Bangalore: The Union government has given security clearance to a consortium that includes a Chinese port operator to bid for the coal and iron ore terminals at Paradip Port but has denied permission for another group that includes a Hong Kong company.
Chinese companies or groups with Chinese connections are banned from bidding for Indian port projects by the Union cabinet committee on security because of the political relationship between the two countries. Hong Kong, a former British colony, is now part of China.
The ministry of shipping, on advice from the defence and home ministries, has given the go-ahead for China’s state-owned Ningbo Port Group Ltd to bid for the Rs1,070 crore project at Paradip in Orissa, the first such approval for a Chinese firm since the ban came into effect in 1997.
Ningbo, which operates China’s second largest port by cargo handled, has teamed up with local firm Monnet Ispat Ltd and Hong Kong-based Great Harvest (Holdings) Ltd for the bid.
On the other hand, the ministry has denied security clearance for Hong Kong-based commodity trader Noble Group Ltd on security grounds, said an executive at one of the bidding firms on condition of anonymity.
The Noble Group-led consortium, which included Mumbai-listed Gammon Infrastructure Projects Ltd and state-owned MMTC Ltd, was ranked second in a list of 12 qualified bidders for the two terminals.
Shipping secretary A.P.V.N. Sarma said security-related issues for ports were dealt with by other government ministries and departments.
“We merely take security clearance of firms bidding for port projects from the ministry of home affairs, ministry of defence and the ministry of external affairs, and issue the letter. We have no particular say in this policy,” Sarma said on phone from Delhi on Friday. “I will not be able to clarify what the security clearance for the Paradip Port terminals means as a policy for future port projects.”
Another ministry official said on condition of anonymity that security clearance was always port specific, depending on the location of the port, but declined to elaborate further. Noble Group and the ETA-Saqr consortium could not be reached for comments.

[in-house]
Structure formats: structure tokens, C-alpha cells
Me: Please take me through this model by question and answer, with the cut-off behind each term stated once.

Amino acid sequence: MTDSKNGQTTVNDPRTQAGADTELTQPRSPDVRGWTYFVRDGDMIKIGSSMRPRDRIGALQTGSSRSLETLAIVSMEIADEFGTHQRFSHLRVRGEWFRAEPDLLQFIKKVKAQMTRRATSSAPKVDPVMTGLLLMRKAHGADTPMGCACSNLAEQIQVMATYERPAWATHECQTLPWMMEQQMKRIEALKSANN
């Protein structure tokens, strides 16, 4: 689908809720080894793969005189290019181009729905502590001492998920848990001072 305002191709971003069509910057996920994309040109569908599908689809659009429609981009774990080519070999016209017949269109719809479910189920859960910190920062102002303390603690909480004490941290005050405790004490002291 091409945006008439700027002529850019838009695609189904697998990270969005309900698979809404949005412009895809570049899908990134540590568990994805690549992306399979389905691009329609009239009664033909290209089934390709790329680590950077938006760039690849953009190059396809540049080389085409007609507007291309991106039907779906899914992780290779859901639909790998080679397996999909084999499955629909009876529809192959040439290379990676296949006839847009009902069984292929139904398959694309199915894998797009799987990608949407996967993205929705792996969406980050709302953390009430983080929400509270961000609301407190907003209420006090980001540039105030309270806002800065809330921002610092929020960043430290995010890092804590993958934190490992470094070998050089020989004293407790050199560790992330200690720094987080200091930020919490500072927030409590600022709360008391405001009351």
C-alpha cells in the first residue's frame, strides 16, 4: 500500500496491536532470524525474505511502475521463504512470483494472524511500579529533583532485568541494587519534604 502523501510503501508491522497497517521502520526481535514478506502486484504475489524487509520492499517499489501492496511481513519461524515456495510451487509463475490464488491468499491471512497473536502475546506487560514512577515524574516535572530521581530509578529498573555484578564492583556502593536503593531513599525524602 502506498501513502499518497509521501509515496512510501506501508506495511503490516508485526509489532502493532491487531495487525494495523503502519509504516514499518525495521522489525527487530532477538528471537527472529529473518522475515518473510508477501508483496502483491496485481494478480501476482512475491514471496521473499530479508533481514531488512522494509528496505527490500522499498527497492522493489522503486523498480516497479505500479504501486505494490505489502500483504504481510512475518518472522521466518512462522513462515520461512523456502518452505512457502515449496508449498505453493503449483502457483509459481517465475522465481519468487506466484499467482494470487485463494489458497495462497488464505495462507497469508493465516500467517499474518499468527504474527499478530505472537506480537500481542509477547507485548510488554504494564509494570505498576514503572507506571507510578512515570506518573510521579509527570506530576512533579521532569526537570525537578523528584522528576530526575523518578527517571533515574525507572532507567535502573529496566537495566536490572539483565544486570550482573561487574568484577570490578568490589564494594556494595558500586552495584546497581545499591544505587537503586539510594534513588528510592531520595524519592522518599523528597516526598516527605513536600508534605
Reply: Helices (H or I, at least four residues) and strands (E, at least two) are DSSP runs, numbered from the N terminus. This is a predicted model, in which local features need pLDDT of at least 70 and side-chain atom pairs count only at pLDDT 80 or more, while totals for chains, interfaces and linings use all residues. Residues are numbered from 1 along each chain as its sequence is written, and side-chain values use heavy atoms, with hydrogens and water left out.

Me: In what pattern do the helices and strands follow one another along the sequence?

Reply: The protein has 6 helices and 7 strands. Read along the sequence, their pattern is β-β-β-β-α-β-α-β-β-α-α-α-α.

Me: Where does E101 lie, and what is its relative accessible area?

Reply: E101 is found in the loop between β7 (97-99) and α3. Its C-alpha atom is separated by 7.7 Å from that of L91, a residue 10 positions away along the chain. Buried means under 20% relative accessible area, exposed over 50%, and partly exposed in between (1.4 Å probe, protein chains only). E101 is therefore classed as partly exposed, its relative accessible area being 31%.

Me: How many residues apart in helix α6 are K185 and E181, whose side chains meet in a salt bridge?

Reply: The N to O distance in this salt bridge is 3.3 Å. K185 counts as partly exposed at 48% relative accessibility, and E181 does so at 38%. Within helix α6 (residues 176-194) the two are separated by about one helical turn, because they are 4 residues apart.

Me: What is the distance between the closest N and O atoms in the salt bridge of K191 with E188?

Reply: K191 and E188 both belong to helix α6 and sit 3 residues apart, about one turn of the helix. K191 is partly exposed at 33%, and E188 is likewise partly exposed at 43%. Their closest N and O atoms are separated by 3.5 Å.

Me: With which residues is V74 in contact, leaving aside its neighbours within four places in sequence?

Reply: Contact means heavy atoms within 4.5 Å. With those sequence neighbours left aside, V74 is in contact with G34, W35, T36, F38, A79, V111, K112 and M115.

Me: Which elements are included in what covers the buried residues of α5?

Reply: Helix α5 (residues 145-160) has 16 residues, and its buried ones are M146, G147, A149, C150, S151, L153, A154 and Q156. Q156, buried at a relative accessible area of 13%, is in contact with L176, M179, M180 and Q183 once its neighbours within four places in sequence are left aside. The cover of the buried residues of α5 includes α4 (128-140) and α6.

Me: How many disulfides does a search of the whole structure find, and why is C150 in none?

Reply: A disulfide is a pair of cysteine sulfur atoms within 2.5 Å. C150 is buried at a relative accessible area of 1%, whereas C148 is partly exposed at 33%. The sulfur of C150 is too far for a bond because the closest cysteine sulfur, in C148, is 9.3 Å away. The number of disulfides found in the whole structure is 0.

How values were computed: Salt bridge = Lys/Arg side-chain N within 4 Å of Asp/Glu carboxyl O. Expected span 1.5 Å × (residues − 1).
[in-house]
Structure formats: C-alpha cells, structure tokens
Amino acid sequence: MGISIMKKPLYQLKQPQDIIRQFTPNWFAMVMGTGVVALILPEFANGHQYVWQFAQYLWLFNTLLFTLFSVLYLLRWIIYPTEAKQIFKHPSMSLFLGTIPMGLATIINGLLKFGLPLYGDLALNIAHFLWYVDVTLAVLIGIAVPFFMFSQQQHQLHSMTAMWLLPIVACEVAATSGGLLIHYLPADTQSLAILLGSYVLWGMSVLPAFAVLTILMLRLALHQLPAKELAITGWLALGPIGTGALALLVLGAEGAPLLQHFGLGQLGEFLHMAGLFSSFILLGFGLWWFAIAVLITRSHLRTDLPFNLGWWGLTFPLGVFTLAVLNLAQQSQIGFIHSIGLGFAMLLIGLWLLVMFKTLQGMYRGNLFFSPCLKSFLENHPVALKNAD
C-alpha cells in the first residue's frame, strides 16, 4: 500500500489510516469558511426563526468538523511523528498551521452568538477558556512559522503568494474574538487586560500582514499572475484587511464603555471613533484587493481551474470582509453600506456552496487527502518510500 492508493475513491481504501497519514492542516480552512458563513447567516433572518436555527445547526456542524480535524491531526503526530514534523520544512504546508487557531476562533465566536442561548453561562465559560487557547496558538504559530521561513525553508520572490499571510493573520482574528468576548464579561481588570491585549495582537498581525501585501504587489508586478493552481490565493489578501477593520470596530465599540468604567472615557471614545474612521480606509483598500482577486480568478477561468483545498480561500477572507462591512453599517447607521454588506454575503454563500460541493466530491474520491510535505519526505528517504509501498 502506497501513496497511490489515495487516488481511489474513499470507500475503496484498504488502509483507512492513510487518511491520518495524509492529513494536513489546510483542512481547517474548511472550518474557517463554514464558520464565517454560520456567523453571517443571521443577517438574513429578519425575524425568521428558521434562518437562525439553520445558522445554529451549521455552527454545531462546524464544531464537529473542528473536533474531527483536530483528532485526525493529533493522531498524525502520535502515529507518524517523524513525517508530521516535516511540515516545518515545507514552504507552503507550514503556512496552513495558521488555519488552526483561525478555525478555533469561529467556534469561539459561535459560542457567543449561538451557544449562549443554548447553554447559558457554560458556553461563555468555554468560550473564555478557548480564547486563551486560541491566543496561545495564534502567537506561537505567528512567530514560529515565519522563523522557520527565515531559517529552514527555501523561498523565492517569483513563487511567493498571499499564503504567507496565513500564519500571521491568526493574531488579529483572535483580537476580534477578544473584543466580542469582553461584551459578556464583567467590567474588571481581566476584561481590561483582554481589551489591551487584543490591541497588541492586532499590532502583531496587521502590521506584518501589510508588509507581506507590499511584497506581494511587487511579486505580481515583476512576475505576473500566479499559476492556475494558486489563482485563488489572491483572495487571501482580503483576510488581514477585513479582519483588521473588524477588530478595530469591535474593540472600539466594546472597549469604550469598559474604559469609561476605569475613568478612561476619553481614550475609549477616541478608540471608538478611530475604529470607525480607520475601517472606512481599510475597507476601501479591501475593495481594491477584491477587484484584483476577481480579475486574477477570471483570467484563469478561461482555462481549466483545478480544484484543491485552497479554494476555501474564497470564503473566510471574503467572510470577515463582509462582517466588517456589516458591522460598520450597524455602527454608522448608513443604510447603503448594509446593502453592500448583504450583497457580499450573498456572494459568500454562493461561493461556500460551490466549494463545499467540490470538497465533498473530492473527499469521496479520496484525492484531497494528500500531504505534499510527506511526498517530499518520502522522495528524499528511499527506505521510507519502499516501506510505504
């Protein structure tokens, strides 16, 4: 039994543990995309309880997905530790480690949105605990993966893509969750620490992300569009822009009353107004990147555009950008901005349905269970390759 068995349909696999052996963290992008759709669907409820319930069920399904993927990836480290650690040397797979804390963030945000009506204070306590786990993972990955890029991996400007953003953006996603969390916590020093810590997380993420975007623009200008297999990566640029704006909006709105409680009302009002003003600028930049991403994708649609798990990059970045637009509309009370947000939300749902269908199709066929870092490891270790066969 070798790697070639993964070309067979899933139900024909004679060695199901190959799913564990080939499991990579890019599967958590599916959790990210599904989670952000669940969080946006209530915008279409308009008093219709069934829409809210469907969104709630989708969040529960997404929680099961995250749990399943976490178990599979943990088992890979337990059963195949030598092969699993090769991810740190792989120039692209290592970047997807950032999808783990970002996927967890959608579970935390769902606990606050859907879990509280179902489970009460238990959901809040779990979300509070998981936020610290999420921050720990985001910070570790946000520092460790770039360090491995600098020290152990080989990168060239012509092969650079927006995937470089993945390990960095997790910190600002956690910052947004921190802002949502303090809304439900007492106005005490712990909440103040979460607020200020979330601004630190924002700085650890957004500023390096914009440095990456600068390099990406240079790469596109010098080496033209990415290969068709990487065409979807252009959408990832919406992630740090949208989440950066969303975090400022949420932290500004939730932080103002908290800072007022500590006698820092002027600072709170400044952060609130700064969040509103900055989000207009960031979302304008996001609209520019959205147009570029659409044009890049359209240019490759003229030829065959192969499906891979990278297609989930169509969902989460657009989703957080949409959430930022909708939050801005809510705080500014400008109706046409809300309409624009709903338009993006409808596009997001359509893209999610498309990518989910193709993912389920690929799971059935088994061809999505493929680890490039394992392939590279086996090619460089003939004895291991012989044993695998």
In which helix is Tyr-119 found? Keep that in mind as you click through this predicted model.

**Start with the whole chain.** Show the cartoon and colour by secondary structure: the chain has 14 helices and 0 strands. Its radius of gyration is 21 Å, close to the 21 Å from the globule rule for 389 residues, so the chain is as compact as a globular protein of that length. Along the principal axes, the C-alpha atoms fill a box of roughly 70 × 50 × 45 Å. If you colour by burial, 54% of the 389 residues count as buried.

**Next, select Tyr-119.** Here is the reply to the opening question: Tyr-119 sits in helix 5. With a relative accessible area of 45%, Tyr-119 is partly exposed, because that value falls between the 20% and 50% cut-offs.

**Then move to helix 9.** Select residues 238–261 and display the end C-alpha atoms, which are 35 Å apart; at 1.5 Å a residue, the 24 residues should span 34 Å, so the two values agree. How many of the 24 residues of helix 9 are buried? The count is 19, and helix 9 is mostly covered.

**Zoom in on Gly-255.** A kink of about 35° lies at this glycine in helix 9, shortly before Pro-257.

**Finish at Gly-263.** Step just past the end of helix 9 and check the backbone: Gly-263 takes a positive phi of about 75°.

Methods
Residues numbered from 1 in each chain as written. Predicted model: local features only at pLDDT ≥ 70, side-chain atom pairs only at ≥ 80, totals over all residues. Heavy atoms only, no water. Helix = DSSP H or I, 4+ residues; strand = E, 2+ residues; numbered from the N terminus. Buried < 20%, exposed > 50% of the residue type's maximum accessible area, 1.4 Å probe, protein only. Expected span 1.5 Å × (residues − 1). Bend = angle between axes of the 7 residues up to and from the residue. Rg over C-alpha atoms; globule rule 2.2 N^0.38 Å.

Of 12 qualified bidders, Paradip Port Trust recommended the first eight to the shipping ministry for security clearance. The ministry rejected the Noble-led consortium and another group comprising Dubai-based Emirates Trading Agency Llc. and Ras Al Khaimah-based port operator Saqr Port Authority on national security considerations, the executive mentioned earlier said.
Noble Group is also part of a consortium that is developing the Rs1,700 crore Gopalpur Port, which is owned by the Orissa government. The project was awarded to a consortium comprising Orissa Stevedores Ltd (OSL), Sara International Ltd and Noble Group for development and operations.
Noble has a 33% stake in Gopalpur Ports Ltd, the port operating company.
Executives at the Noble-led consortium are surprised at the turn of events.
“Noble is headquartered in Hong Kong, but is not a Chinese company. It is owned by Americans and non-resident Indians,” said another executive working for the consortium. He, too, didn’t want to be named. The security clearance granted to one Chinese firm and the rejection of another based in Hong Kong has caught the industry by surprise.
“Does this mean that Chinese firms are allowed to participate in India’s port projects?” asked an executive with a Mumbai-based port logistics firm. “If they are allowed or not, then why was one given clearance and the other thrown out?”
The Paradip tender has created uncertainty among local firms looking to partner Chinese firms for India’s port tenders. “The Union government should make its policy clear and transparent on this issue. Can I go ahead and participate in port projects, teaming up with Chinese firms without wasting my time on whether the consortium will get security clearance or not?” the executive at the port logistics firm said.
The world’s top container cargo port operator, Hutchison Port Holdings, the port operating unit of the diversified Hutchison Whampoa Ltd owned by Hong Kong billionaire Li Ka-shing, has been denied permission in the past by the Union government to bid for projects at the Jawaharlal Nehru Port at Nhava Sheva, near Mumbai, because of its links with mainland China.
Taiwan shipping firm Evergreen Marine Corp. (Taiwan) Ltd has also been denied clearance for the same reason.
In another instance, a tender awarded to a consortium comprising two Chinese firms— Kaidi Electric Power Co. Ltd and China Harbour Engineering Co. Ltd—and Mumbai-based Zoom Developers Pvt. Ltd in 2005 by the Kerala government to develop a port at Vizhinjam was scrapped on issues related to national security. One of the Chinese firms in the group was also operating a port in Pakistan.
Graphics by Sandip Bhatnagar / Mint